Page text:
ND communities look to the future, revitalization
Recruiting businesses and people to work in North Dakota is something many cities across the state are dealing with.
Community leaders in North Dakota met with three HGTV personalities at the Rural Developers’ Assembly hosted by the North Dakota Association of Rural Electric Cooperatives. The goal, to share their experience of revitalizing a community.
Jim and Mallorie Rasberry and Josh Nowell are community developers from Laurel, Mississippi, a city with just over 18,000 people.
"Communities that used to be thriving from an economic standpoint and a community standpoint, are starting to have a lot of challenges," said Jim Rasberry, community developer.
Mandan was the focus of their visit, but the team visited other small communities in the state. Rasberry says with rural America, there seems to be a trend.
"A lot of communities across North Dakota are struggling from a standpoint of being able to recruit businesses that can compete in today's workforce," said Rasberry.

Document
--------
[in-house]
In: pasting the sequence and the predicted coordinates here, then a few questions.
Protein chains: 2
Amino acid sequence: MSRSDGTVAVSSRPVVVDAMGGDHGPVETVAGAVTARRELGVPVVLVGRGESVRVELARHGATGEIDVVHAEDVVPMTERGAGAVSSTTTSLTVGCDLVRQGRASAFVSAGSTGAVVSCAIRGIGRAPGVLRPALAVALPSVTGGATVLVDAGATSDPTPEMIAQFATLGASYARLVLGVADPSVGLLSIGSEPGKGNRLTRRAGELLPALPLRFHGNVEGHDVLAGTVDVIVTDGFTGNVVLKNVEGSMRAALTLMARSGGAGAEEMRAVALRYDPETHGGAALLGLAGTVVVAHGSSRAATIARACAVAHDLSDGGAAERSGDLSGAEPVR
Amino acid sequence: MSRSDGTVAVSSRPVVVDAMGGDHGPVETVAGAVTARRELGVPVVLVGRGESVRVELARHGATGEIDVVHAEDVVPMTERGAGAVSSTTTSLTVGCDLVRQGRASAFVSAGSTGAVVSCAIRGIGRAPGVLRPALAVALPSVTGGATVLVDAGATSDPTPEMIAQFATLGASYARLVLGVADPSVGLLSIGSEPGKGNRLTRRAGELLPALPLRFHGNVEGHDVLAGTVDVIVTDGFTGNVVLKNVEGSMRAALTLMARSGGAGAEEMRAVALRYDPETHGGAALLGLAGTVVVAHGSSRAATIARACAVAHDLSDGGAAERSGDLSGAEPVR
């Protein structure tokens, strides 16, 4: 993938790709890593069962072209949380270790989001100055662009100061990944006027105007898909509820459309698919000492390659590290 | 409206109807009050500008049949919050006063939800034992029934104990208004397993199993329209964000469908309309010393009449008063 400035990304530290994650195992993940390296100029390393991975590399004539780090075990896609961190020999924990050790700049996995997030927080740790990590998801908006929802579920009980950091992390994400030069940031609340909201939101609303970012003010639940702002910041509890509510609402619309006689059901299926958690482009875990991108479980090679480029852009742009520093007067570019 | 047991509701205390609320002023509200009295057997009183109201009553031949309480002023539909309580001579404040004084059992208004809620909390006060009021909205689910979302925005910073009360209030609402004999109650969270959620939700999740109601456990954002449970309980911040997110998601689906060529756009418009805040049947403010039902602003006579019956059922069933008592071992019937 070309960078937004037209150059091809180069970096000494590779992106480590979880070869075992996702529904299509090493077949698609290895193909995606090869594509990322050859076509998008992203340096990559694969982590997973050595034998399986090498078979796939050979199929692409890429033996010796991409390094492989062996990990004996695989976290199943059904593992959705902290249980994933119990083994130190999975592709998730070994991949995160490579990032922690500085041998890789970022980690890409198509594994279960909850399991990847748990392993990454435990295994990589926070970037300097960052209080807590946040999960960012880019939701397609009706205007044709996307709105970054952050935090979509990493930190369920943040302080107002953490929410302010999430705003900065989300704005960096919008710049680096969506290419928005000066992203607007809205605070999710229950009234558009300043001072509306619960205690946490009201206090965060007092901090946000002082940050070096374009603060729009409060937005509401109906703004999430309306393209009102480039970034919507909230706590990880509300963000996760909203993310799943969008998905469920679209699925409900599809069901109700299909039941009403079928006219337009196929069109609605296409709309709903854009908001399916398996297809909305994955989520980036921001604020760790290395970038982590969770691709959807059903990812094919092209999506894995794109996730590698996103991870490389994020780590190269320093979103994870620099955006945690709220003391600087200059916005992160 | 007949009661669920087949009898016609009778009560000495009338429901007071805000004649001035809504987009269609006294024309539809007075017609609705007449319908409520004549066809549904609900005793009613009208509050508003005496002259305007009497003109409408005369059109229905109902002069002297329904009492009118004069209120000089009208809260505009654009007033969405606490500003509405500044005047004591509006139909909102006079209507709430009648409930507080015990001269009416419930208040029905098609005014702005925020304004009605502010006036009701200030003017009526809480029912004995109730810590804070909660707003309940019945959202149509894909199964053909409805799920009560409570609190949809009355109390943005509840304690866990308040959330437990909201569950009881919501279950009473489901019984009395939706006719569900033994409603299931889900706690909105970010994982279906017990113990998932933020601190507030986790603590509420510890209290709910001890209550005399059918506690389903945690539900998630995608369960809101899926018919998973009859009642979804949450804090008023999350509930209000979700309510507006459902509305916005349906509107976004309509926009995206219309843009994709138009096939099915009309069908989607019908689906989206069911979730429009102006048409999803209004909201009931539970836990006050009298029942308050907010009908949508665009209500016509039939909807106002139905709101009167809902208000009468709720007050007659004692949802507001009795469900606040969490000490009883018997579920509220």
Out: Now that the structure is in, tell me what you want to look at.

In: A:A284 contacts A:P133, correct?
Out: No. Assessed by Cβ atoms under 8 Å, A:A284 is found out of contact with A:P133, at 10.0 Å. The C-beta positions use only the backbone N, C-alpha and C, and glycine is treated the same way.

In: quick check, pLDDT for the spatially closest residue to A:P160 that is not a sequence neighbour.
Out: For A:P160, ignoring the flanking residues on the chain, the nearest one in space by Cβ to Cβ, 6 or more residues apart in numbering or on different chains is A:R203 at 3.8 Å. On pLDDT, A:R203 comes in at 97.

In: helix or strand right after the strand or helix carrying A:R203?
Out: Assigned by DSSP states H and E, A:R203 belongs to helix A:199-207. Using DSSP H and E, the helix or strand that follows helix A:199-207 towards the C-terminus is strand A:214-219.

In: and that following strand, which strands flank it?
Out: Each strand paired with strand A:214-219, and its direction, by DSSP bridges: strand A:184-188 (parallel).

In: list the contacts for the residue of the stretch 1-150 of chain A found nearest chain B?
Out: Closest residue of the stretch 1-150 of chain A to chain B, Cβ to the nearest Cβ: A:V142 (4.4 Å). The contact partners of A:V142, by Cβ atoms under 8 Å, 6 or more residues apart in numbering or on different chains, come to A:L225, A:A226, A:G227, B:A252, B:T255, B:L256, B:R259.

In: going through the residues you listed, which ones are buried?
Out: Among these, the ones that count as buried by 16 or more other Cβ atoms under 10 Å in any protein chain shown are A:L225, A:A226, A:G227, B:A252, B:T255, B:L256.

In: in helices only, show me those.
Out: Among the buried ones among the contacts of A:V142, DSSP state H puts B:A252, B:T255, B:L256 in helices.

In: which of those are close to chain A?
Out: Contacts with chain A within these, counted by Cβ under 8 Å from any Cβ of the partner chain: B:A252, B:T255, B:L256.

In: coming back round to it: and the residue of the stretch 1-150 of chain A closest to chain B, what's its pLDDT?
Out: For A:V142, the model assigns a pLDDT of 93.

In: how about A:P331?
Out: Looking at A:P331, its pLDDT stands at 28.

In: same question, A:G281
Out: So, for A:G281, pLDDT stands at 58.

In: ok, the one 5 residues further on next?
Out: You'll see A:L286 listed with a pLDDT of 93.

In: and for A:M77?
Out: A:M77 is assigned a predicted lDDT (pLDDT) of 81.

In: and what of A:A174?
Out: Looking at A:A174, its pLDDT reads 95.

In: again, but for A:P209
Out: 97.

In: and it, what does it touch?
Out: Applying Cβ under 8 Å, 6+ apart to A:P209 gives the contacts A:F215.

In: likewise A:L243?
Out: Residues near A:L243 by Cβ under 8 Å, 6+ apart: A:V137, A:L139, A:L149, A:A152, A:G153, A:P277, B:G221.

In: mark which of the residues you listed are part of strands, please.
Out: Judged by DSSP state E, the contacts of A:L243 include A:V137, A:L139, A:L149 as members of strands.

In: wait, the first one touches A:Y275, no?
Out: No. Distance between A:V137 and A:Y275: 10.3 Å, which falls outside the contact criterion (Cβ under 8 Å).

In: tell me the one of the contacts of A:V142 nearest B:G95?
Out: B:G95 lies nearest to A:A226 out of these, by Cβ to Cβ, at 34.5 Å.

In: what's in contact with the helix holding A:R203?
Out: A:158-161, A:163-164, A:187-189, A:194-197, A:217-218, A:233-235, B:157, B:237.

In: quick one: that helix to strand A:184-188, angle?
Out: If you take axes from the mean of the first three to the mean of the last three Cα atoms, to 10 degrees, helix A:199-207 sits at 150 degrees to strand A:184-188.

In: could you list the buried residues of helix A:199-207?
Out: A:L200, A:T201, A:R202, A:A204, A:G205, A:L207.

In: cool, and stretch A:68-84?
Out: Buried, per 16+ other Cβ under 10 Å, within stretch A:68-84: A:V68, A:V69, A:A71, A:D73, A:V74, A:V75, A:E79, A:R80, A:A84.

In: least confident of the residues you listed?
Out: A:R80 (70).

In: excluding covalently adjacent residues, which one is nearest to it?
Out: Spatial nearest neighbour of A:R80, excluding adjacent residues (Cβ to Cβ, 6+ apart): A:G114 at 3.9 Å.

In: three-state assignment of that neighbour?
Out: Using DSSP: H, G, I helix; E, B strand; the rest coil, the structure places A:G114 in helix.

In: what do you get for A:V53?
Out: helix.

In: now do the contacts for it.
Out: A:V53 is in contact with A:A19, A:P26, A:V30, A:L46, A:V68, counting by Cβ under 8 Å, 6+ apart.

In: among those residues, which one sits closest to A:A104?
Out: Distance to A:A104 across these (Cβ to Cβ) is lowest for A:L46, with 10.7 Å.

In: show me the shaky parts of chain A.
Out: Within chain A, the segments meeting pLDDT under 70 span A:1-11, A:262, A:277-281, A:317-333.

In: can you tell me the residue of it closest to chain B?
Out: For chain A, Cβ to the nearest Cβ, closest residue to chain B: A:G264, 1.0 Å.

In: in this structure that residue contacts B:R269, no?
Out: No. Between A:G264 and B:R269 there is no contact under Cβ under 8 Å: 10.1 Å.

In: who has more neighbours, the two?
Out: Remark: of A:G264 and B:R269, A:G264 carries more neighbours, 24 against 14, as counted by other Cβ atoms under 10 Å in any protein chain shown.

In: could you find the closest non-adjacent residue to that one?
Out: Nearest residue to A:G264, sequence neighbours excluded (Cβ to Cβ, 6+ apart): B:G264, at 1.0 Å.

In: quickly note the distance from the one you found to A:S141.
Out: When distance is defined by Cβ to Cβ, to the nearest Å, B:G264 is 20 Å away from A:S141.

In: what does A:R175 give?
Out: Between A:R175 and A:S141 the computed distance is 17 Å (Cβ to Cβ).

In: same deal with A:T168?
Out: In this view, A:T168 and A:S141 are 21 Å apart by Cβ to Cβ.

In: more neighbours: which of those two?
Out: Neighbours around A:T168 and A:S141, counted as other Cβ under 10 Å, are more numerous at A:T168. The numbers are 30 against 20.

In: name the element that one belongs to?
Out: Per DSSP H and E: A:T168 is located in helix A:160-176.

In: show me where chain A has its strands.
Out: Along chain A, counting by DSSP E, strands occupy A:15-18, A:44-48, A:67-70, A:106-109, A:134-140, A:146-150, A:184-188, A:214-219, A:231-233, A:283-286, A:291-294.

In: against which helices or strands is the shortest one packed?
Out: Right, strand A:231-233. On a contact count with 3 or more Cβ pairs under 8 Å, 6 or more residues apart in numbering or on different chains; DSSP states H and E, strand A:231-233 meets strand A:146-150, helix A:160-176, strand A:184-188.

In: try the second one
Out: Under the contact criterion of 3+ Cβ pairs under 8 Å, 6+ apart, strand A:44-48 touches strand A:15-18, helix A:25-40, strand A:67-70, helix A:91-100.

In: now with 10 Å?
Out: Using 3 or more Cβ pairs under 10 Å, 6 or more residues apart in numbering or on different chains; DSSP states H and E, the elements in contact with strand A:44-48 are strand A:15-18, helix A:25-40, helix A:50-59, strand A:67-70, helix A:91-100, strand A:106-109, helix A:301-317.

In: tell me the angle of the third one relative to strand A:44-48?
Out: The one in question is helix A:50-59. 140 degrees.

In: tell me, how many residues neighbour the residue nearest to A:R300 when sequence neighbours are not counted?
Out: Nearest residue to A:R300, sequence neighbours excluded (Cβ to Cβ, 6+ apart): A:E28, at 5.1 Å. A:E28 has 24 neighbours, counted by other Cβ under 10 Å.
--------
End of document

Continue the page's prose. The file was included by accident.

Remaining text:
Rasberry says communities are now competing with Amazon, Walmart, and the "big box" stores when it comes to price.
"So it's a matter of experience, business owners and entrepreneurs have to find a way to bring people in to an experience and provide something that online retail cannot," he added.
The Business Development and Communications Director for the City of Mandan agrees.
"Purchasing properties with a small energetic group and rehabbing the upper stories for loft apartments, which is something I think our younger population is really looking for," said Mandan's business development and communications director, Ellen Huber.
She says the city wants to attract the younger generation that's that's growing in the state.
"One of the things that I would like to do is harness the enthusiasm of some of our new young business owners and really look to see on how they can form an alliance," said Huber.
Huber says the goal, to collaborate with surrounding business and maintain frequent events that will make people want to come back again.
Huber says it works closely with the Mandan Progress Organization, and BisMan Chamber EDC, and encourages those with a business to affiliate with something, to achieve their goals.